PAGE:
Configure scheduled watcher against monitoring indices which only looks at the latest X minutes of data

alerting

(GAUTAM SUDDAPALLI) #1

Hi,
I have a separate monitoring cluster which is housing all the xpack.monitoring data being sent from the production elasticsearch cluster. I want to put this monitoring data to good use by creating some alerts so I thought of using watchers and was doing some reading. First of all, is it a normal practice to configure watchers on monitoring indices via queries? After all, the whole reason to create a separate cluster for monitoring is so that we don’t repeatedly hit the production cluster APIs. Secondly, looks like the watchers are stateless.
Let’s say I want to create an alert which will check all the monitoring indices on the monitoring cluster every 10 minutes and alert if the cpu usage goes beyond 80%. What if this alert hit and it came back down under 80%, the next run will again find the 80% in one of the index since I’m planning to retain data for the default 3 days. From what I saw, everyday is a different index. Should your watcher be smart and check the index for a time range in the index - update_timestamp - 5 minutes perhaps? Does the data in the monitoring index get overwritten or it maintains previous values?
Or you need to record the previous state yourself? I want to avoid this approach to compare against a previous value unless it’s the only approach. Any suggestions?


(GAUTAM SUDDAPALLI) #2

I examined the indices created on the monitoring cluster. Looks like the same day's data is overwritten into different types in the day's index so getting the 1st index ordered by time desc should give the latest state at that point of time. Or, you can even filter the index you are searching for by date.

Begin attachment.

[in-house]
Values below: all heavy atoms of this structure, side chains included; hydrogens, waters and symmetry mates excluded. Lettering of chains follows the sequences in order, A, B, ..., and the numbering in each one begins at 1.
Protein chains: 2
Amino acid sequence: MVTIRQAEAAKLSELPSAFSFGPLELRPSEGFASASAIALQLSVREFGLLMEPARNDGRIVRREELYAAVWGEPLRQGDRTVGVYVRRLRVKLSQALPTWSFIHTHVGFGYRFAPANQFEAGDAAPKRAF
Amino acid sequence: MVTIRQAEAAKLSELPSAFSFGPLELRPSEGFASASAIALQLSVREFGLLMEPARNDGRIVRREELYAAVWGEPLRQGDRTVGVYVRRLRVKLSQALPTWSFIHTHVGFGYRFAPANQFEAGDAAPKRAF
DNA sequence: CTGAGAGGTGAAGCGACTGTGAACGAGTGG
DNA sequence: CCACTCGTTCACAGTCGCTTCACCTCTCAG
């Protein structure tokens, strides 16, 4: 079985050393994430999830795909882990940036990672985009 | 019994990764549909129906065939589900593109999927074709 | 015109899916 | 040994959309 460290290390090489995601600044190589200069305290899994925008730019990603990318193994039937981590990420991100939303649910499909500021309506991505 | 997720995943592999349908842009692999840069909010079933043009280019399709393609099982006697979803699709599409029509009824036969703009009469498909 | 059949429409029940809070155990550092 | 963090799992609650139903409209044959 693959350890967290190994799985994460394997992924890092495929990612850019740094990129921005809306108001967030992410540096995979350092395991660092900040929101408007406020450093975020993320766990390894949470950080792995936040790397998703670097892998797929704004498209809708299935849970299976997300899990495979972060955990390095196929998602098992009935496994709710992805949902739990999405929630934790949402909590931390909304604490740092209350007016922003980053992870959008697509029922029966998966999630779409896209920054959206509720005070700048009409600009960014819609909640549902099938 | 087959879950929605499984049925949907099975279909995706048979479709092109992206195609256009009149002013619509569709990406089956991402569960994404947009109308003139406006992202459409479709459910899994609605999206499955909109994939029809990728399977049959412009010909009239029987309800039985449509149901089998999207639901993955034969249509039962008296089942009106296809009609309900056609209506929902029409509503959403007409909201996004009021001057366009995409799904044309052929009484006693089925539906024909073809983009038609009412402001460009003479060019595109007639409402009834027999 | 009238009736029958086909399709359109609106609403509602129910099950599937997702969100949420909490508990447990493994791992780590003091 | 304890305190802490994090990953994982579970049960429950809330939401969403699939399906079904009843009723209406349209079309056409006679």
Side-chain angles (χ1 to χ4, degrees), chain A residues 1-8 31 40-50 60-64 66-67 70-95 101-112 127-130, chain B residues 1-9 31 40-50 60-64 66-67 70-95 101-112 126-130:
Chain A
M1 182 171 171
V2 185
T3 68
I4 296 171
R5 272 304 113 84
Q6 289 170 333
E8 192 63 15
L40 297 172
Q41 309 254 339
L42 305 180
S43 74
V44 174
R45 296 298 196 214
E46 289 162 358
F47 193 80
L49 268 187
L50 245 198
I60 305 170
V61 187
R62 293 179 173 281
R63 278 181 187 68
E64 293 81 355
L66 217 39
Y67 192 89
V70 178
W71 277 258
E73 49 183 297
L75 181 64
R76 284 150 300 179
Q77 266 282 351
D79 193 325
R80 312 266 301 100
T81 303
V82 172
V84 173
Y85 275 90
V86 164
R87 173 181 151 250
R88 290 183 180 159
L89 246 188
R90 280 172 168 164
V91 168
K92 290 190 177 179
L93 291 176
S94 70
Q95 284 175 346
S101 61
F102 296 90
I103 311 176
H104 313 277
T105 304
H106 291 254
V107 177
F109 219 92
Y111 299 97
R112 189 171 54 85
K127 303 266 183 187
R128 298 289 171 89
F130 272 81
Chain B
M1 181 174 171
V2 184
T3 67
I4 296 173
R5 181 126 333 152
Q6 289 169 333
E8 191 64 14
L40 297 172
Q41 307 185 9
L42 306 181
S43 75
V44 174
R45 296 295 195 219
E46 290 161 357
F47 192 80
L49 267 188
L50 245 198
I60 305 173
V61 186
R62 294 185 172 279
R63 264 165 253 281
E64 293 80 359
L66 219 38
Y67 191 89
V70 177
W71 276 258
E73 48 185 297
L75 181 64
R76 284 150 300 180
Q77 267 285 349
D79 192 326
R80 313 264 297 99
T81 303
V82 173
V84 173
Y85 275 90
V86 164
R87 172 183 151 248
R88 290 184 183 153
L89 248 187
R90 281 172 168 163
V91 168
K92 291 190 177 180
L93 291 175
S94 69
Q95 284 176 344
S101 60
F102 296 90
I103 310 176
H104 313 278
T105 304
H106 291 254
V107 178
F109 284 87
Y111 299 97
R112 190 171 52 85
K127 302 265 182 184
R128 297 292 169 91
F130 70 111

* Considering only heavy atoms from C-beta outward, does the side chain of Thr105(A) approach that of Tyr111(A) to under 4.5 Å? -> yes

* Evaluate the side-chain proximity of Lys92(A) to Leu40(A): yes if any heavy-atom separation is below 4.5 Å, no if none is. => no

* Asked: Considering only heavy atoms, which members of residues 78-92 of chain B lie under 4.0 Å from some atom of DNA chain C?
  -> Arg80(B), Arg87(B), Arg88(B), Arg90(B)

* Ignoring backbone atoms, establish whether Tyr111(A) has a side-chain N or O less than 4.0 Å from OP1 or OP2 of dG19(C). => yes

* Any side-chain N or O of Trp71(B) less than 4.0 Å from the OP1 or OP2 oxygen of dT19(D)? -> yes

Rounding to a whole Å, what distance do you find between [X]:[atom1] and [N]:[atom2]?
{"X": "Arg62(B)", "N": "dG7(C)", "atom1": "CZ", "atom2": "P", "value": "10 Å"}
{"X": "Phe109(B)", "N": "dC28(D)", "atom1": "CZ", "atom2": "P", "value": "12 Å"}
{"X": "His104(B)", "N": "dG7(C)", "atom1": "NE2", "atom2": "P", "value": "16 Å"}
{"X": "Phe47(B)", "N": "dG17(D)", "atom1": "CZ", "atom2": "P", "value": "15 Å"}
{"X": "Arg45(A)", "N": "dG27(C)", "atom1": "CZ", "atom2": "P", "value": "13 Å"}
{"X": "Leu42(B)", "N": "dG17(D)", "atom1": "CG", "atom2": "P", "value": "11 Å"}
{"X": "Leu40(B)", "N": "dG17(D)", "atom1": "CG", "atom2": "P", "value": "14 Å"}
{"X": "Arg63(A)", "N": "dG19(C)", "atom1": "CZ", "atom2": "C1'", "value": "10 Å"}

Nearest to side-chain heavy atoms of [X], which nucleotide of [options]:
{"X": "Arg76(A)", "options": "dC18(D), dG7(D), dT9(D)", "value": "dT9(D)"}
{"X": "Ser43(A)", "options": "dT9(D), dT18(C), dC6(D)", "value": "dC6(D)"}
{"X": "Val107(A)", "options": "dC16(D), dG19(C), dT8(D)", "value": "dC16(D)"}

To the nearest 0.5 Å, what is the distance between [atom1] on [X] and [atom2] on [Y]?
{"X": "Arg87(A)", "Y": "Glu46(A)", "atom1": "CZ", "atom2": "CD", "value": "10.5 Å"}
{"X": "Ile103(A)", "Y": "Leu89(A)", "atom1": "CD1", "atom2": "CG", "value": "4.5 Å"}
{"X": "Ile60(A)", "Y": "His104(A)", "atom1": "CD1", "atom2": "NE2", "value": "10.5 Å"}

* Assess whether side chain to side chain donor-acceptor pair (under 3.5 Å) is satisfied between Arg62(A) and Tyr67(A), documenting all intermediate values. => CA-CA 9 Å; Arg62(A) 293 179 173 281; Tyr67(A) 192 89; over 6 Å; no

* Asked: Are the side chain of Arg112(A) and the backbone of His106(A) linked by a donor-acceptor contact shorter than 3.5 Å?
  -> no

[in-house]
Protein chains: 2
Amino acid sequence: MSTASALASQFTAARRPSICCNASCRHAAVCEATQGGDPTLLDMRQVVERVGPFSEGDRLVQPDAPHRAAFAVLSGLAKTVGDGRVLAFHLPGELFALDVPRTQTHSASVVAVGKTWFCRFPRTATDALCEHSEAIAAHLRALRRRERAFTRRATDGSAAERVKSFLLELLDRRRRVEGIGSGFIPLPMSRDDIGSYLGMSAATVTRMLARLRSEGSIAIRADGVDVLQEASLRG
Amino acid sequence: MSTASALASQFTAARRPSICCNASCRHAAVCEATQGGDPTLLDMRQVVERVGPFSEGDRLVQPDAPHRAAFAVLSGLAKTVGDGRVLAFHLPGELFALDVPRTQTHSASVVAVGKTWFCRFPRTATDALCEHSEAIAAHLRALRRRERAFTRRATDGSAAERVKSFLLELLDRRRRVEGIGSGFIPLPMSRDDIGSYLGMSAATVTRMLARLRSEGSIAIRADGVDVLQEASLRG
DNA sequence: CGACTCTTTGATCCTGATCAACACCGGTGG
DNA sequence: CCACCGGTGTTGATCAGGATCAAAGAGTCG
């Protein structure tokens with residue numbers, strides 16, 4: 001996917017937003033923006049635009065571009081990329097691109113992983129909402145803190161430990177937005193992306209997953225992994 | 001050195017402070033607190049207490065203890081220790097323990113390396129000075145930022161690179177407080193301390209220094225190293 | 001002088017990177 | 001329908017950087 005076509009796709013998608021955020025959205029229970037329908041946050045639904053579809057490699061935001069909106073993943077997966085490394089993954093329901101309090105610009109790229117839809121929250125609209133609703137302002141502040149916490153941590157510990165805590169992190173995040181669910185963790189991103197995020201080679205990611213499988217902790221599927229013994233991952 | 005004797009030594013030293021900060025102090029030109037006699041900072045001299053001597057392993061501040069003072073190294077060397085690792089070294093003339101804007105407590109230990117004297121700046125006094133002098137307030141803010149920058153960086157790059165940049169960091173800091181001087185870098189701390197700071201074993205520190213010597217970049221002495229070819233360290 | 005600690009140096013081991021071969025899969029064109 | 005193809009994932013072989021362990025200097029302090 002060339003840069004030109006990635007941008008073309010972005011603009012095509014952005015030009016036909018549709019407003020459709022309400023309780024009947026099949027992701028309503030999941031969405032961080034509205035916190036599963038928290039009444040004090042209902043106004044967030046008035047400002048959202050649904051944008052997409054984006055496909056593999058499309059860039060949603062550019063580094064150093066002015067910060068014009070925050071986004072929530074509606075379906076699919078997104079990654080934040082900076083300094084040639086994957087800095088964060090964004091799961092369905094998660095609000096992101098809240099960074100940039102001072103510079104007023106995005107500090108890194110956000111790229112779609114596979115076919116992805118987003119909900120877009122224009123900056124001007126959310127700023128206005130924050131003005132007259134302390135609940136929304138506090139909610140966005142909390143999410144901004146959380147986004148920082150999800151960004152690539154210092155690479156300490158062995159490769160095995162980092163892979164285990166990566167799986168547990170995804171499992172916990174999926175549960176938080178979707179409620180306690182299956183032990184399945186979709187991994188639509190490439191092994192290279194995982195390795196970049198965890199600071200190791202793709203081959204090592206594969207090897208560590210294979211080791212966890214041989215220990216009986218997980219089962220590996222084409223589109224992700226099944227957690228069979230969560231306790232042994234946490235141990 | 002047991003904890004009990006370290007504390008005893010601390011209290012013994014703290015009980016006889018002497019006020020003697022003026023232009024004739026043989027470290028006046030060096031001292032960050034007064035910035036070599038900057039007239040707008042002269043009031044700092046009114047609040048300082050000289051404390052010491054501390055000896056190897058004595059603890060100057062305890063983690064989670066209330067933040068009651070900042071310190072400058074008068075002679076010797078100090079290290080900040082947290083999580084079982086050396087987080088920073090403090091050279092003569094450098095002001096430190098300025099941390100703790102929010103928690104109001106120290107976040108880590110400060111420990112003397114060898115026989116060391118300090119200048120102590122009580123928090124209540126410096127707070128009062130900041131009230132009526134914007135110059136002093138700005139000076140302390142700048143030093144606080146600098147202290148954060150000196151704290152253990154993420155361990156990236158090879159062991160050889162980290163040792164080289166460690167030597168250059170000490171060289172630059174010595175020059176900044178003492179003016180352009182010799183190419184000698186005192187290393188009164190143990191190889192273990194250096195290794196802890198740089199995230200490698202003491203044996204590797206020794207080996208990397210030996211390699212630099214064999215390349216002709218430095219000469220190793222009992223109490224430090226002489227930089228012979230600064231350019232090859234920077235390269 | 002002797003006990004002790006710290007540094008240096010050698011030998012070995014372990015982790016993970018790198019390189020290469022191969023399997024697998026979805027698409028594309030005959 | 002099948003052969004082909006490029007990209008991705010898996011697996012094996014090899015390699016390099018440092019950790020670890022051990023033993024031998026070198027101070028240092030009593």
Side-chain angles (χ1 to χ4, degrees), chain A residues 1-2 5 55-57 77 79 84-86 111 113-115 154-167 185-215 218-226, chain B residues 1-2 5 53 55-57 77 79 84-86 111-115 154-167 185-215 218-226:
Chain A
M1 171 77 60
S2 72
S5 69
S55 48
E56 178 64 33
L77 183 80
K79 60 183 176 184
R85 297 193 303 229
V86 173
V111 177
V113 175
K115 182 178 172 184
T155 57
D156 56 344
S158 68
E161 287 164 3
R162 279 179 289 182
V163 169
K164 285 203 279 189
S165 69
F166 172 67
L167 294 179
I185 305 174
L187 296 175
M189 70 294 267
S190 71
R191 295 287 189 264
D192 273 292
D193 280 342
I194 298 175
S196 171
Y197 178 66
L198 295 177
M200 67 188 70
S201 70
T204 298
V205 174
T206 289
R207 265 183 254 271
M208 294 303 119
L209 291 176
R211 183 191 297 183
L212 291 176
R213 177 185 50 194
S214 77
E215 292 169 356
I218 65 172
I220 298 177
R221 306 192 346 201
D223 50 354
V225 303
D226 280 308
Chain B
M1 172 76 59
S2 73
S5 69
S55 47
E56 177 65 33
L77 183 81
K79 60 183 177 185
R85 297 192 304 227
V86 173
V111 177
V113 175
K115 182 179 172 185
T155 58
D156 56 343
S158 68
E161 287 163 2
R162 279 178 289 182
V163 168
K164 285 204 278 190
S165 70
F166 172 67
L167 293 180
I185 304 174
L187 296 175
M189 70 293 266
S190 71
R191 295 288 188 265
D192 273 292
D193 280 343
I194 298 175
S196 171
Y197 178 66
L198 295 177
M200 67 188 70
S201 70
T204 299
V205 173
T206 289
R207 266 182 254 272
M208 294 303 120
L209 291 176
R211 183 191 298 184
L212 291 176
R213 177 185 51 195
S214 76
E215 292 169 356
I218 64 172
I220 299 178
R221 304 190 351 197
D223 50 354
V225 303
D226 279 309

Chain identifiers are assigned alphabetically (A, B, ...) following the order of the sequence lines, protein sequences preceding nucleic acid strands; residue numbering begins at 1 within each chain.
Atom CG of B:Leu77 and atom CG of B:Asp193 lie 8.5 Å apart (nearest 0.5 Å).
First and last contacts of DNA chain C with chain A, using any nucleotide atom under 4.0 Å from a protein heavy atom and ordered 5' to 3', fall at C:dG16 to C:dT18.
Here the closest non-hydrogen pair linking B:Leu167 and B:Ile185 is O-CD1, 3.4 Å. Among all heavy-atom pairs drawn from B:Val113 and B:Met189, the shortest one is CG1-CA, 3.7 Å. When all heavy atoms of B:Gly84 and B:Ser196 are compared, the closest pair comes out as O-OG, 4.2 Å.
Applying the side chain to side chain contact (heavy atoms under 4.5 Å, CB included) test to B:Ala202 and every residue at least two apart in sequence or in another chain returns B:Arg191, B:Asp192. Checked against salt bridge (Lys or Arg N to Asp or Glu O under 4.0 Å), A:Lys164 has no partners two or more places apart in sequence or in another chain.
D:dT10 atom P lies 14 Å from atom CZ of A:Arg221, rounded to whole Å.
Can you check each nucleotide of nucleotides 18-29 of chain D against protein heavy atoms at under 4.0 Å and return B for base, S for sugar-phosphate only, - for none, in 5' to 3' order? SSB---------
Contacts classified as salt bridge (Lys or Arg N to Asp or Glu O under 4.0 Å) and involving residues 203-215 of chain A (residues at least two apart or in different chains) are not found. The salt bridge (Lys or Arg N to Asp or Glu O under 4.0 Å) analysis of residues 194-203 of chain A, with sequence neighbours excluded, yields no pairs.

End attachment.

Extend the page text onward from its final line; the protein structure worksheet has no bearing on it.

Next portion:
(Alexander Reelsen) #3

when monitoring time based data, your watches should indeed contain a filter in your searches to only drill down the last n minutes.

Check the examples repo for a few more examples.


(GAUTAM SUDDAPALLI) #4

Thanks @spinscale

One last question, if you look at the example in https://www.elastic.co/guide/en/watcher/current/watching-marvel-data.html#watching-cluster-health
"query": {
"bool": {
"filter": {
"range": {
"timestamp": {
"gte": "now-2m",
"lte": "now"
}
}
}
}
},

Does time filtering work differently? the example says it's looking for the last 60 seconds but it's looking at the last 2 minutes. Am I missing something here?

It also looks like the JVM usage example link is expected to be working only on one bucket on the minute interval aggregation, for example a now - 1 min will fall under 2 timestamp buckets and each will have the same node, does it take the average of heap_used_percent across the buckets?


(Alexander Reelsen) #5

the example you are linking to uses aggregations in its condition to decide if it should be triggered, but I think you can go with your example for now. That example is somewhat outdated and should be replaced though.


(GAUTAM SUDDAPALLI) #6

Yes, I'm not sure how the indices were structured prior to 6.4. Looks like in the latest versions, we need to just fetch a range timestamp and then aggregate your nodes/indices for info rather than the earlier versions which look to fetch a range and aggregate on time intervals and then, nodes/indices.

Would you be able to tell me the difference just for my curiosity?


(Alexander Reelsen) #7

the examples queries the marvel indices which was the product predating the monitoring one and the data structure being used was just different, this requiring a different query.


(system) #8

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